It's always touch and go as to whether an exclamation mark in a film title is a sign of quality, or not, so we have to approach Inudo Isshin's Samurai Shifters! with a degree of caution. It helps that it falls into one of my favourite samurai genres, playing down their martial aspects and concentrating more on the admin side. It's the story of a clan that’s fallen out of favour with the shogun for queasily homophobic reasons, and so is forced to relocate on a faraway Japanese island as a punishment. Organising the move is a job nobody wants, and it ends up being dumped on librarian Katagiri Harunosuke (Hoshino Gen). With the help of a colleague who bullies him regularly, and the orphaned daughter of the last guy who organised a similar relocation, he’ll have to find a way to move a couple of thousand people on a budget of a couple of thousand yen.
Samurai Shifters! isn't as goofy as that exclamation mark might make it sound. It reminds me of my early days of watching Asian cinema - genre movies in particular - and finding it very difficult to handle its frequent switchback changes in tone. After you've got used to the idea that this will be a gentle samurai comedy without violence, the second half suddenly launches into a battle where lots of people get carved up. But I guess they're all baddies, so that's okay. As it stands, it's less actively offensive than any of the other films we saw in this final weekend of the festival, and ultimately becomes the sort of solidly middlebrow film that JFTFP is generally based around. (But without the Sad Piano, thankfully.)
Wrapping up the ten films we saw in this year's programme, we're finishing as we started, with a traditional drama featuring a one-word English title - in this case, the irritatingly lower-cased his, directed by Imaizumi Rikiya. The film opens with the breakup of a student gay couple, Shun (Miyazawa Hio) and Nagisa (Fujiwara Kisetsu). Several years later, Shun is living a quiet and generally solitary life in the countryside, which is unexpectedly interrupted by the sudden appearance of Nagisa with a six year old girl. There’s obviously some catching up to be done. Maybe not quite so traditional a drama, perhaps: maverick directors like Oshima and Miike have played with gay themes before now, but his is apparently a rare example of a mainstream Japanese film taking on the subject.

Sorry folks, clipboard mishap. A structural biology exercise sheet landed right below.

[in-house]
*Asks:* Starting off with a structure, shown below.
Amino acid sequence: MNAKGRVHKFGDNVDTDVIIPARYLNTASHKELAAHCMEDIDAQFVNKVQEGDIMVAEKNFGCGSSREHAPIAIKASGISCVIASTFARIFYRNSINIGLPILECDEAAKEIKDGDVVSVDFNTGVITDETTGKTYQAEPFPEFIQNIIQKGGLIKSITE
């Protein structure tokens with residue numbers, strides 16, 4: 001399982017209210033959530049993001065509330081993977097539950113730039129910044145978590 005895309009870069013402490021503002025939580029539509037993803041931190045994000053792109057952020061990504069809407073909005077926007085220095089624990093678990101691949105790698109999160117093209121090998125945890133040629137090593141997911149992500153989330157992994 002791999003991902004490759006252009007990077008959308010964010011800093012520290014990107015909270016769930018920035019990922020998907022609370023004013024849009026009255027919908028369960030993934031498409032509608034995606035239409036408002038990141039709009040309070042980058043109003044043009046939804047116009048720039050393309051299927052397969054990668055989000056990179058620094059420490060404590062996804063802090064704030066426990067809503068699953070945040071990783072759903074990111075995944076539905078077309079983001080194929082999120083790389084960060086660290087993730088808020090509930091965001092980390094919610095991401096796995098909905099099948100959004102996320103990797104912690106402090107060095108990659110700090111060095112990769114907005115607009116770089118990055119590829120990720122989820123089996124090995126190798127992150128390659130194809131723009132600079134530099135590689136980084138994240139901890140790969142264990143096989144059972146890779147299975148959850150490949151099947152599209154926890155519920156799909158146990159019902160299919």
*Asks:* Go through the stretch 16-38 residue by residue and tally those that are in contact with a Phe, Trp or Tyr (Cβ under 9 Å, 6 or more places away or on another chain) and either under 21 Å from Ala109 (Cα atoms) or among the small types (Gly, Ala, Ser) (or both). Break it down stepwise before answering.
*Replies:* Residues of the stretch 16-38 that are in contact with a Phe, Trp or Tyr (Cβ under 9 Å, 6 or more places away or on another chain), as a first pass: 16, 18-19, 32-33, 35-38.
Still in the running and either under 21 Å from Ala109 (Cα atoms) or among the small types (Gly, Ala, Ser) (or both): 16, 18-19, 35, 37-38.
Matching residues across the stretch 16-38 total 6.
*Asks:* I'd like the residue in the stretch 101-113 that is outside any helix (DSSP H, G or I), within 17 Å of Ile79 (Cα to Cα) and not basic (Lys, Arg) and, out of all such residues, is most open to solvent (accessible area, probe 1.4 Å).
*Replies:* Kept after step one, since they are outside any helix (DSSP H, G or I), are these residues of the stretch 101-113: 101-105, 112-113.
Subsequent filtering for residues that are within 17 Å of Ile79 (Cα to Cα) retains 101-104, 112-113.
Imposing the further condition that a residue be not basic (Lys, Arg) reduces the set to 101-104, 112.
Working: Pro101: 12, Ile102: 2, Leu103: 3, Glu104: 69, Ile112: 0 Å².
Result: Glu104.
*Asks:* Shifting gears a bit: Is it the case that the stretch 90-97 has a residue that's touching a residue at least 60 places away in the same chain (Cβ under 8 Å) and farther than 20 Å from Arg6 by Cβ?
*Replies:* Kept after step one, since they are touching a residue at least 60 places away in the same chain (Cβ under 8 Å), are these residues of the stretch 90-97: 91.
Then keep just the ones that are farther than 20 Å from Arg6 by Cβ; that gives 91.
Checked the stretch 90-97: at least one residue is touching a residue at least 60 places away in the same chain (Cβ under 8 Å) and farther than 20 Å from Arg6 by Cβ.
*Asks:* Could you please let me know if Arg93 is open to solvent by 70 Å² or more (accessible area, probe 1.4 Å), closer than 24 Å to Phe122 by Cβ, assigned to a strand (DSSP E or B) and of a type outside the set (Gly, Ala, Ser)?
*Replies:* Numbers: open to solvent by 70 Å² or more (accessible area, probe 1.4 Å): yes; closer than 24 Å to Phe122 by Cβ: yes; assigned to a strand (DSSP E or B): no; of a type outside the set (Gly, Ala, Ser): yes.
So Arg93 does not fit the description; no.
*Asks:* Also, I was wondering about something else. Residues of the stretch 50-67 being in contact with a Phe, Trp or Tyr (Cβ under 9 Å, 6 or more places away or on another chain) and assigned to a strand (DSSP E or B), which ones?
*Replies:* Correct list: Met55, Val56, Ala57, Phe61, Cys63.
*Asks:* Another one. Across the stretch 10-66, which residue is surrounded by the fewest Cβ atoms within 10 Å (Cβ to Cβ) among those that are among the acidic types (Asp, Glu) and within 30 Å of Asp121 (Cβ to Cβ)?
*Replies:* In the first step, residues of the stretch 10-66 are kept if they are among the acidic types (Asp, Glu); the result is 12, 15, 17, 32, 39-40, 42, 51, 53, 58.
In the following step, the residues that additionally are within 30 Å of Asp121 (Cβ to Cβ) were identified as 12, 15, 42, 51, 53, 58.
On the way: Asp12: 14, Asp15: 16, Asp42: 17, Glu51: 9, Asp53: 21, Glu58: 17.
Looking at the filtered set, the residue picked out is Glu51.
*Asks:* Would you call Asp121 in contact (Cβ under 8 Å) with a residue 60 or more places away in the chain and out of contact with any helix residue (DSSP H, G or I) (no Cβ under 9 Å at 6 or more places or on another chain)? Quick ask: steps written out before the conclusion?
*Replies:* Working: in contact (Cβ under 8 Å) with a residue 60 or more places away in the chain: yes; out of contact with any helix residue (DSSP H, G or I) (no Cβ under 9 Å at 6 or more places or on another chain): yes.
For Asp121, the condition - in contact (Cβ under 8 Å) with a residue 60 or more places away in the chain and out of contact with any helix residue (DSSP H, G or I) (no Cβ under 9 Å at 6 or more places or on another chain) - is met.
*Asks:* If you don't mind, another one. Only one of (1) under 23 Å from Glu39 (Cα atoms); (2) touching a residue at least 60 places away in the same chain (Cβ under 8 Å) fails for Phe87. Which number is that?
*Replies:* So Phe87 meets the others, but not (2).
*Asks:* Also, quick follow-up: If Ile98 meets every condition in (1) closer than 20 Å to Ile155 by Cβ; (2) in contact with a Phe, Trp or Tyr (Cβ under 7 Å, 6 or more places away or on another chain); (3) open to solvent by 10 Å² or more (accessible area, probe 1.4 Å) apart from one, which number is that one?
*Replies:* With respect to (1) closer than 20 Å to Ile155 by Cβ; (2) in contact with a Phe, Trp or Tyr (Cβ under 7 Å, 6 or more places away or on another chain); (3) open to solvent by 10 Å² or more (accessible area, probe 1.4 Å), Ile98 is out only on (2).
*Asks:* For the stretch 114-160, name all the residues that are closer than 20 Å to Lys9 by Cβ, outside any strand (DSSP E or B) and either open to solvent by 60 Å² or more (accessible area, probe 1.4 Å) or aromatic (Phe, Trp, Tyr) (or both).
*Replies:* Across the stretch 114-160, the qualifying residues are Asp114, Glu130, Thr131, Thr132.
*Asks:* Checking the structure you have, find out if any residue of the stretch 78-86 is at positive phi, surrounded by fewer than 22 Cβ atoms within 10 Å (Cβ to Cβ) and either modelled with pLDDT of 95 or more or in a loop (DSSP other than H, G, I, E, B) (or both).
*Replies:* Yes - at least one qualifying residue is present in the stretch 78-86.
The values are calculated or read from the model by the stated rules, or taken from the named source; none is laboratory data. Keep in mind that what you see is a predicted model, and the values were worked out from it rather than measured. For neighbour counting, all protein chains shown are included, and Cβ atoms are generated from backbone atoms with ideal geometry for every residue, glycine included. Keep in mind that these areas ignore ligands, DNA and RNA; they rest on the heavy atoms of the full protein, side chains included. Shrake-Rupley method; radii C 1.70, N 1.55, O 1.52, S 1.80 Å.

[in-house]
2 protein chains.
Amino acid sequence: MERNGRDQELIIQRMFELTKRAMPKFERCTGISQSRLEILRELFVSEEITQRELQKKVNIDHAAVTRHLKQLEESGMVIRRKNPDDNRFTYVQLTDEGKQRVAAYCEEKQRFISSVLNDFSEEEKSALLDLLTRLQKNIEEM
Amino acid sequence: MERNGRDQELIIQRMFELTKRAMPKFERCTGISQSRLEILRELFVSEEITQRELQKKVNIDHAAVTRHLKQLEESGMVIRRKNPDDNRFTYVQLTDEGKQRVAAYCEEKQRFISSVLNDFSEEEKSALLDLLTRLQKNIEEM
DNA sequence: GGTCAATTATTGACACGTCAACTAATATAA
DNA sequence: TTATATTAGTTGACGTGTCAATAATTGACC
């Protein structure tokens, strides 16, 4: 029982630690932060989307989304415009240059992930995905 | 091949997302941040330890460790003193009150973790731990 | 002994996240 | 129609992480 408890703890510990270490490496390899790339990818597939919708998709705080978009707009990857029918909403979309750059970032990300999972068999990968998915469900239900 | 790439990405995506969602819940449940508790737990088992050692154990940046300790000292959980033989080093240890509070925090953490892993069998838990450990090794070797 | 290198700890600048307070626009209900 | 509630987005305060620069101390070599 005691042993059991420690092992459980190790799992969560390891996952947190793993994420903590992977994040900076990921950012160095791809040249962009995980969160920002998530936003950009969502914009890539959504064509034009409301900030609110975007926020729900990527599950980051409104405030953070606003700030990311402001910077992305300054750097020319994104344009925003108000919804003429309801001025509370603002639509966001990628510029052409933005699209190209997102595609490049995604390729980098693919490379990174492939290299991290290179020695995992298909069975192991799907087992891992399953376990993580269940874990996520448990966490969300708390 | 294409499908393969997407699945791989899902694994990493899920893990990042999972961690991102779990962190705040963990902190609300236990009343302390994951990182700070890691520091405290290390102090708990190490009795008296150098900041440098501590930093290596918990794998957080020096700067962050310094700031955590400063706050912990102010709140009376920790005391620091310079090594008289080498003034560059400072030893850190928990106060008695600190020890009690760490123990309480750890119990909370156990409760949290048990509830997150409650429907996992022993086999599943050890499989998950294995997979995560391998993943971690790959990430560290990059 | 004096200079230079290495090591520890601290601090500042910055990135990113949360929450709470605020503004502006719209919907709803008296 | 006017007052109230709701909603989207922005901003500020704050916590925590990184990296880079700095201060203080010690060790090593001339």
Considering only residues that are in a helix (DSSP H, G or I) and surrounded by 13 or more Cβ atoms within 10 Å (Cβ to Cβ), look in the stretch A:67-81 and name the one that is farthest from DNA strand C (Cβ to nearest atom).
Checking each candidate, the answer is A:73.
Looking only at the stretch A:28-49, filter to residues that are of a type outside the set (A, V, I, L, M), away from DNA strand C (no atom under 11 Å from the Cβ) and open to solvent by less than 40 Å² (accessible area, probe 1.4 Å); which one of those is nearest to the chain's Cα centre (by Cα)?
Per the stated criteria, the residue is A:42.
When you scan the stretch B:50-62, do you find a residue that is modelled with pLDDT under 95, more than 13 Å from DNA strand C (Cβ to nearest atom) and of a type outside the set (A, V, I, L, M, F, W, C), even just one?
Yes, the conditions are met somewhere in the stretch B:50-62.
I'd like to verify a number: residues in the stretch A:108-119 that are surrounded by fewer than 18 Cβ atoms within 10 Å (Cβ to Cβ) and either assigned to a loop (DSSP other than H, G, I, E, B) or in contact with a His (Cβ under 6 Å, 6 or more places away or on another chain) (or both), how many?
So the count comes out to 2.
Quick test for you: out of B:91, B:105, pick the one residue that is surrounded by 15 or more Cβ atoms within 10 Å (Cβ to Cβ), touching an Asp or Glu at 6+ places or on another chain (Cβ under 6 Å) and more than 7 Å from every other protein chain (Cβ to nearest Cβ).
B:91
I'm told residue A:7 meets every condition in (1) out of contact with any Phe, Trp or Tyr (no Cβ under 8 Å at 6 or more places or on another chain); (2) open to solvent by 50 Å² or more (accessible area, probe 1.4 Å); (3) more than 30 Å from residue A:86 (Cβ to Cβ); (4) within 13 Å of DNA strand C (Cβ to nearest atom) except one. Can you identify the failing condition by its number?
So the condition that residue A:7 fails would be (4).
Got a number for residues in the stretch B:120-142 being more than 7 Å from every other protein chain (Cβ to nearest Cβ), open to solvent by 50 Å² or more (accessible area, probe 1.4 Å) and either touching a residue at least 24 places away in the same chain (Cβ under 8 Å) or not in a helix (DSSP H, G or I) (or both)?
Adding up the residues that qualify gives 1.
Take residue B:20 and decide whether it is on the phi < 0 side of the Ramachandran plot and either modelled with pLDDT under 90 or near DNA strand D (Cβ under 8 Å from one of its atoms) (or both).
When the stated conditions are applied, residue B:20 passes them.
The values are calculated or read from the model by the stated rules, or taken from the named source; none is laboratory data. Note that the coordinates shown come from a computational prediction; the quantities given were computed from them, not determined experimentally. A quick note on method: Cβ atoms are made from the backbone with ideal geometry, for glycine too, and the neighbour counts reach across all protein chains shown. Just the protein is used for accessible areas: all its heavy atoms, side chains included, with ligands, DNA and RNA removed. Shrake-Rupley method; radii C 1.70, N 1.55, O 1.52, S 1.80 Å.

It should be noted that The Belated Birthday Girl and I interpreted it in two different ways. For me, it felt like a country’s early attempt at gay cinema: trusting in subtext is apparently too risky, so every inner thought has to be spelt out in dialogue. Whereas The BBG thinks that it’s less to do with outdated cinema, and more about outdated Japanese attitudes – in this film, not just towards homosexuality, but also towards working mothers like Nagisa's ex-wife. It's a shame that the genuine drama of Shun and Nagisa's on-off relationship is shoved into the background for the second half of the movie, which turns into a custody battle for the most annoying child in the world. But there’s still a decent humanity at the film's core, and by the end you feel more accepting towards these people who seemed so terrible when they rolled unannounced into Shun’s life.
Overall, it was a pretty good JFTFP this year: nothing spectacular to shout about, though Not Quite Dead Yet was the most fun and Labyrinth Of Cinema was the most ambitious. I don't think moving the whole festival online caused any major issues: mind you, in previous years I've watched large chunks of the programme at home on press screener discs, so maybe I was better prepared than most for a home-based festival. Given the issues of distribution discussed all the way back at the start of this collection - where only the biggest names make it into UK cinemas, and even a cracking genre premise can't guarantee you a theatrical slot any more - it's good that the Japan Foundation keep bringing these films over here, and I hope they'll continue to do so. Being a monkey, and all.